Well, despite the promise of clacking over wollen sweaters, it turns out that none of the three ladies present are actually knitters. They are all much better with the art of crochet. So, after some light snacks and a heavenly introduction to making homemade Southern biscuits, we sat down with our yarn and our clumsy fingers and learned another new skill. Their deft fingers contrasted sharply with our frustrated fits and starts, and there was much re-doing and pulling out of thread, but eventually we learned the basic steps. (I also learned never to buy the cheap stuff and that it is better to buy light-colored thread as a beginner because it is easier to see.) I have no idea what the terminology is for this skill, since I was too busy concentrating on how to actually accomplish it to remember, so if anyone has any good book recommendations, please let me know.
Though we only had an hour of practice before they sent us out into the wilderness, and my potholder will surely be misshapen, I think I have been taken in by the whole knitting/crocheting craze. We left with promises of future lessons, and I know there are other ladies in our church who knit quite well, so I am hoping to expand my textile repertoire in the near future. What I think I appreciate most, though, about our afternoon crocheting adventure was the lessons in hospitality, service, and patience. The organizer opened the session with prayer and the verse from Titus 2: "Older women likewise are to be reverent in behavior, not slanderers or slaves to much wine. They are to teach what is good, and so train the young women to love their husbands and children, to be self-controlled, pure, working at home, kind, and submissive to their own husbands, that the word of God may not be reviled."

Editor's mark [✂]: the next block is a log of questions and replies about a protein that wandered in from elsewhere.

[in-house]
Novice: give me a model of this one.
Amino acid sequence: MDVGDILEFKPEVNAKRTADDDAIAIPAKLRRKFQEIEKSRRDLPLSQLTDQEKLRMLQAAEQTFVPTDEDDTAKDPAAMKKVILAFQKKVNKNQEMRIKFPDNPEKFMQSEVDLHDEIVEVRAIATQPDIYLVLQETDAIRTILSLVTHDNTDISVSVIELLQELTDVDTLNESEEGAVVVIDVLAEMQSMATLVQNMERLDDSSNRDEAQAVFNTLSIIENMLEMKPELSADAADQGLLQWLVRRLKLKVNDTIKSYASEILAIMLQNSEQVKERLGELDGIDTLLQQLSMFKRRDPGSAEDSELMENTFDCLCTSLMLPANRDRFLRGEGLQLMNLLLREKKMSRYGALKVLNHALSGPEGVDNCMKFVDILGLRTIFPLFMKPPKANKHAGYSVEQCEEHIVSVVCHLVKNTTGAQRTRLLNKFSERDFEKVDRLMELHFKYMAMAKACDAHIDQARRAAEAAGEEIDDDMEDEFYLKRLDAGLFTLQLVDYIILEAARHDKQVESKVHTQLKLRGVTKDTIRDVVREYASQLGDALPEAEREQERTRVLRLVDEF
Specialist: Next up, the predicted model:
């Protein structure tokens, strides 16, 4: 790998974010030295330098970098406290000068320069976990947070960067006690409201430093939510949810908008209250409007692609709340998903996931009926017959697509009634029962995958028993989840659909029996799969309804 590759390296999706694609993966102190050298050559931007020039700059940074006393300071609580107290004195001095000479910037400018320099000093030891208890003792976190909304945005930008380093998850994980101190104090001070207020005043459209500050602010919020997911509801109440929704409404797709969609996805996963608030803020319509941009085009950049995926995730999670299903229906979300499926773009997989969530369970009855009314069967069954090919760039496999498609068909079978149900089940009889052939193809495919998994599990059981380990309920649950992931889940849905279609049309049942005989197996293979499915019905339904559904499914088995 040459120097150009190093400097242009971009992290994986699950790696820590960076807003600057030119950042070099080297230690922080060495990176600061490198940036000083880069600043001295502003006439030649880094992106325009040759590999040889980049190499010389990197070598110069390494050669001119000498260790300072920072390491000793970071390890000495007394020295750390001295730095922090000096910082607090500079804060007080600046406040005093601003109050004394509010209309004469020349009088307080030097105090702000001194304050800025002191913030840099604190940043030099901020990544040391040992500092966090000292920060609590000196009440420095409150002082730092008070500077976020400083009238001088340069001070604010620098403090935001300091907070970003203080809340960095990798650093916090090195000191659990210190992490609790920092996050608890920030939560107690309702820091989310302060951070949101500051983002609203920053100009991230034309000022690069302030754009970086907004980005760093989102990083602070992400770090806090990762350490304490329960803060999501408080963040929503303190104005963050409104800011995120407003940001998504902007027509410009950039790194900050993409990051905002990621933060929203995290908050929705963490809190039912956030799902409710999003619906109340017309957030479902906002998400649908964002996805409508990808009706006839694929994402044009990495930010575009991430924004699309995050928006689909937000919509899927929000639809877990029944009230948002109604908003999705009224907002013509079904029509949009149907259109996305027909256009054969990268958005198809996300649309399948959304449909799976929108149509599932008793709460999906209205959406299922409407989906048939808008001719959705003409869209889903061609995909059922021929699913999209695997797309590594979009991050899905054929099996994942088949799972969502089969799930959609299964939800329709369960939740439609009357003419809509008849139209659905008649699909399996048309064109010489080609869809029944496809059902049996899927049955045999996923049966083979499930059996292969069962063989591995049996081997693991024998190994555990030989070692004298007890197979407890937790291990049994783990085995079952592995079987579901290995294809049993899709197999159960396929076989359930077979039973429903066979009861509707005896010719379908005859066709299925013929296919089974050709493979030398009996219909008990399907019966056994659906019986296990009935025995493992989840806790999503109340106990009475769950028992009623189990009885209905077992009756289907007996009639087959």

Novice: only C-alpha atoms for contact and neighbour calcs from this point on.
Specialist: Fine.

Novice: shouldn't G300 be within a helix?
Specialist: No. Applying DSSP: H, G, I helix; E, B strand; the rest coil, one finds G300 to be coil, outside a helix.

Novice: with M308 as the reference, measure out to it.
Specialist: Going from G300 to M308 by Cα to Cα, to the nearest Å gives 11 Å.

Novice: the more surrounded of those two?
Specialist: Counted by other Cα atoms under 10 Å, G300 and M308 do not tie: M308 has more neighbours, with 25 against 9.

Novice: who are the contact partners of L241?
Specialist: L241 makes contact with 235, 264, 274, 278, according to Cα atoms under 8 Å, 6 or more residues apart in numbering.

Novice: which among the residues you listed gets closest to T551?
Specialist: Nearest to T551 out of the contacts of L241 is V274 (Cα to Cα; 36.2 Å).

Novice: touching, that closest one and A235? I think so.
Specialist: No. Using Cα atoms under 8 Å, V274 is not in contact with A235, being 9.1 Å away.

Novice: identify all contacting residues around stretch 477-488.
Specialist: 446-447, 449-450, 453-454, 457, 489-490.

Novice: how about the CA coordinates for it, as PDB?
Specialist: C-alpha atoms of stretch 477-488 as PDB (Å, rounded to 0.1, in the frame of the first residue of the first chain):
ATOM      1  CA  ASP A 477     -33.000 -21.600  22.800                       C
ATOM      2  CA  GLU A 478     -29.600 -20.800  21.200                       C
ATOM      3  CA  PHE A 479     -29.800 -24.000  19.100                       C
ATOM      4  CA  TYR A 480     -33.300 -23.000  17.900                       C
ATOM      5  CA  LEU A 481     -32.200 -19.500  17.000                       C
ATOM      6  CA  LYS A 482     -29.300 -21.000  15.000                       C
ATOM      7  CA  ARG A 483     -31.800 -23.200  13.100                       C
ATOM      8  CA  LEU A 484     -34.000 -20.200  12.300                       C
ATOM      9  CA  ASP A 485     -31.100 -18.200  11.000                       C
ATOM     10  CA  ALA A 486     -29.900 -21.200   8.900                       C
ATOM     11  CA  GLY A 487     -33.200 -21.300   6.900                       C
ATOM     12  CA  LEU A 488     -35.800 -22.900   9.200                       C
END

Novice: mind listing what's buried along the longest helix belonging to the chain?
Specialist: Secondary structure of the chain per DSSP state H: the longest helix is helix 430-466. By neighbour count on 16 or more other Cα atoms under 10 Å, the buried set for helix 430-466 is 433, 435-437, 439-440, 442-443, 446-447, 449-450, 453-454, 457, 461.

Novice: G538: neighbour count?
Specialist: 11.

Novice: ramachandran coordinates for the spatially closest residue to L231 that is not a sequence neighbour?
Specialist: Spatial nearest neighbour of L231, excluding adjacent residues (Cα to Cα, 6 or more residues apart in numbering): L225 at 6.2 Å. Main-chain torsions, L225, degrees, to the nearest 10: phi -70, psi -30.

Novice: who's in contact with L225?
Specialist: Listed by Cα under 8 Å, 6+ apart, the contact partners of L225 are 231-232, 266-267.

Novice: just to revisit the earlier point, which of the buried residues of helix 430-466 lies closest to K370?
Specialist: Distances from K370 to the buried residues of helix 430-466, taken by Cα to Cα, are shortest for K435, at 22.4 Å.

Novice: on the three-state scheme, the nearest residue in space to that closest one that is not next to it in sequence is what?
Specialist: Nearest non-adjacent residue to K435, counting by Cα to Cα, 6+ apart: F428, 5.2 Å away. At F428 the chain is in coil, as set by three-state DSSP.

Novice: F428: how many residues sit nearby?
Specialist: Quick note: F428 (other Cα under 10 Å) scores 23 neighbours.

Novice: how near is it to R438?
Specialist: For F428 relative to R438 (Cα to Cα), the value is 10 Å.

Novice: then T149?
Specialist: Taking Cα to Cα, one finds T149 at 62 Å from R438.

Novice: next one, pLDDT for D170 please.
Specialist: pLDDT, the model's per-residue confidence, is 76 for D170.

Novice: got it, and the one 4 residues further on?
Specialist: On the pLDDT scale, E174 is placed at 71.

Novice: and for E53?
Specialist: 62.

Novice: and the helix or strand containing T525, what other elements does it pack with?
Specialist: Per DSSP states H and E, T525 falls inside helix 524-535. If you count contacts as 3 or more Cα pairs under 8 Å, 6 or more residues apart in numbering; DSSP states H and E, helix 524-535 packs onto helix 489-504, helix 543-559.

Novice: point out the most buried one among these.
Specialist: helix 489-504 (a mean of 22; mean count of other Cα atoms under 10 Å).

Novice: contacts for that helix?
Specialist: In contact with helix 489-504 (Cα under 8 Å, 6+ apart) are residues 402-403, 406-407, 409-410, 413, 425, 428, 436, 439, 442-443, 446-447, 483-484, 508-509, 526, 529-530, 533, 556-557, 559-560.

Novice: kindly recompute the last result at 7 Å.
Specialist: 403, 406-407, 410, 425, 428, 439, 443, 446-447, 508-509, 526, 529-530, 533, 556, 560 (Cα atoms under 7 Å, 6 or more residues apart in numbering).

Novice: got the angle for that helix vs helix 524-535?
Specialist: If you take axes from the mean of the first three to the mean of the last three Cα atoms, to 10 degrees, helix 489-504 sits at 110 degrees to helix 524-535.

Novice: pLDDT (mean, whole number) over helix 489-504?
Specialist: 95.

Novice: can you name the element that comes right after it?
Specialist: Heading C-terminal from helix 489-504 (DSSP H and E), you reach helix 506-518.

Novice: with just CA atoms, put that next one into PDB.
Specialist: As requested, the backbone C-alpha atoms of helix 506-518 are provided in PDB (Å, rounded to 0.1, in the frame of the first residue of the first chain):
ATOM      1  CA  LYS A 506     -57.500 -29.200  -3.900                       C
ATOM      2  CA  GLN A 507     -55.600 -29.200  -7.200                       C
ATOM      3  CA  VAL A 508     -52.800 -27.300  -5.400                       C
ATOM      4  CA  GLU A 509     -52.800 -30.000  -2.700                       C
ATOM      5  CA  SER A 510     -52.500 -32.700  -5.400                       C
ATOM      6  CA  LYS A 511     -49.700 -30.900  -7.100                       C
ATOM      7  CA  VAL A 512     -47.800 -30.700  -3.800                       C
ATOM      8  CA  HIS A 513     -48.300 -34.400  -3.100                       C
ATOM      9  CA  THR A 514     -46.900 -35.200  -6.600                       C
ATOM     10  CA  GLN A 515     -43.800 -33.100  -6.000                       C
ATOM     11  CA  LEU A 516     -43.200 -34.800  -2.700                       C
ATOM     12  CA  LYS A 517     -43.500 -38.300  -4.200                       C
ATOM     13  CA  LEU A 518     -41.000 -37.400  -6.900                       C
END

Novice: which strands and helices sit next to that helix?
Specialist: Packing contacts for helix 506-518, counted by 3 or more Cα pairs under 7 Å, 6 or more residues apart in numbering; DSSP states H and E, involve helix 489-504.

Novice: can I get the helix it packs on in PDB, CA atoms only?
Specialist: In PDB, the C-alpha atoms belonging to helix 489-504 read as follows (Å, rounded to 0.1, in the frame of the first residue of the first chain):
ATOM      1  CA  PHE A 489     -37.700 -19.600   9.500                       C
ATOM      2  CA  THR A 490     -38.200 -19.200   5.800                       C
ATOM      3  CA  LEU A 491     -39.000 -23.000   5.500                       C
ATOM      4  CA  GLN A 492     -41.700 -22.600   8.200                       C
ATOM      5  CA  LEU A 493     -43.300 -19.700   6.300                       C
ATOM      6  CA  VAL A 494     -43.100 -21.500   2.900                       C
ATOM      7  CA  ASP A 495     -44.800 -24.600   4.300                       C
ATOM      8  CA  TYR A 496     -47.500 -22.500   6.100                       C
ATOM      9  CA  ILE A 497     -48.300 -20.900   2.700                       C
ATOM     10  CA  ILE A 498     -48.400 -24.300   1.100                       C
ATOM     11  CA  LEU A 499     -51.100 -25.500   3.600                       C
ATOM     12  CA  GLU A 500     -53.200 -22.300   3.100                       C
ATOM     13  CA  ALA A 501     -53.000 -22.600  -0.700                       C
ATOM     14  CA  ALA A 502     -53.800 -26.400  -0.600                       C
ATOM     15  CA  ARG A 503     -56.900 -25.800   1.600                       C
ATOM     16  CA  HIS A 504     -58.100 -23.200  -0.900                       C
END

Those ladies who took the time to teach us impatient young housewives definitely passed along much more than just their knowledge of working with hands and yarn. I look forward to future lessons, as we grow in grace and knowledge of the Lord while making socks and scarves and sweaters for our families as well as for those less fortunate around the world. (At least, that's our plan. The actual making of said scarves, sweaters, and socks may be a long time coming.)
As an added bonus to this little tale, tonight I found this fun article about a reluctant knitter whose inspiration came after she bought her own pair of llamas. Even if we didn't live in an upstairs apartment in a large metropolitan area, I don't think I could be that hardcore. Those things spit! Still, I'll never say never...